Amazon Book Link: https://www.amazon.com/Italian-Thing-Patricia-Salamone-ebook/.dp/B00EL0AGIG

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Biography

Patricia Salamone was born in New York. Raised in the borough of Queens. She had five siblings including one brother that passed away in August of 2003.
The Italian Thing is her first published book although she has been writing since the age of 8 years old.
She married and has three children who are grown with families of their own now, and they have blessed her with grandchildren.
Patricia retired from AT&T in 2008 and was able to concentrate on her love for writing, hence “The Italian Thing.”
The Italian Thing is available on Amazon Kindle worldwide and also available in print (English only).

As Patricia puts it, “No awards yet, but there is always tomorrow.”

 

Our Review

I have always wanted to visit Italy, such a timeless and beautiful country with so many interesting places to visit.

Reading “The Italian Thing” will be like going there and seeing the country through someone else’s eyes, I thought, expecting to find a country I was already familiar with. I was looking forward to the trip of a lifetime and the book did not disappoint. It was well written, full of all the wonderful scenery and architecture I have come to expect of the country.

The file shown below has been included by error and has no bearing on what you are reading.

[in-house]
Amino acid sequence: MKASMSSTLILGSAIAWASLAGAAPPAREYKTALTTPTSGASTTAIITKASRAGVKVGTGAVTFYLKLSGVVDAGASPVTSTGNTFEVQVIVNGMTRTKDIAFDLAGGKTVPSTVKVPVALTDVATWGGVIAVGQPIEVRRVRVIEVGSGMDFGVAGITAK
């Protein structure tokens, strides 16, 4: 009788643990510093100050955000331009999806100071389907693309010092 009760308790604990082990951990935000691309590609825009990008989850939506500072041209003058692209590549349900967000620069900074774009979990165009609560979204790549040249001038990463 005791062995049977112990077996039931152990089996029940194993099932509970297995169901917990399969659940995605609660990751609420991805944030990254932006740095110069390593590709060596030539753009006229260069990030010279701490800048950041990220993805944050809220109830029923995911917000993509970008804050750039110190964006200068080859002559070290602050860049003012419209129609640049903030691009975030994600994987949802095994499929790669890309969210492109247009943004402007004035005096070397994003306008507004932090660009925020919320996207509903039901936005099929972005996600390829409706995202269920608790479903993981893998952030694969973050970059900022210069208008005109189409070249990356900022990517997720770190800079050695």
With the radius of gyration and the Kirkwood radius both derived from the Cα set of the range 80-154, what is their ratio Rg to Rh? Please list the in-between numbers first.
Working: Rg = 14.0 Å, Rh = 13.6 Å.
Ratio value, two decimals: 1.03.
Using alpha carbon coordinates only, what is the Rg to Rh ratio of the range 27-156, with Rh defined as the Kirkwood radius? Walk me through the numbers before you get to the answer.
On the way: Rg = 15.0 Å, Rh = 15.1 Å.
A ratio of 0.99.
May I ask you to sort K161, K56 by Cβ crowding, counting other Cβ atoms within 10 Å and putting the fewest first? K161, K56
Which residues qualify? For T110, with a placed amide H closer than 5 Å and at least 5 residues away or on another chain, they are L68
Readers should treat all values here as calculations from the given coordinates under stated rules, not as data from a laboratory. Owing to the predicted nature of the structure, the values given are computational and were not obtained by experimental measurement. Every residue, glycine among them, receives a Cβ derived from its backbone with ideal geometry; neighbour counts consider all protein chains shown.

However “The Italian Thing” isn’t about the country, not really, it is about the people and family. About the lives they live and the glorious food they eat.

“Everything will be fine” is the Italians hilarious answer to everything, and is the key to understanding their very different way of life.

I loved the touches of humour, the very descriptive narrative, and the loving but feisty relationship between Pat and Mike. Two people who were out of their depth and up to their eyes in food of every delicious description. How they came home weighing less than before is remarkable!

Patricia Salamone is now a member of Inky Fingers, our new writing team!

 

 

 

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Paradise Lost…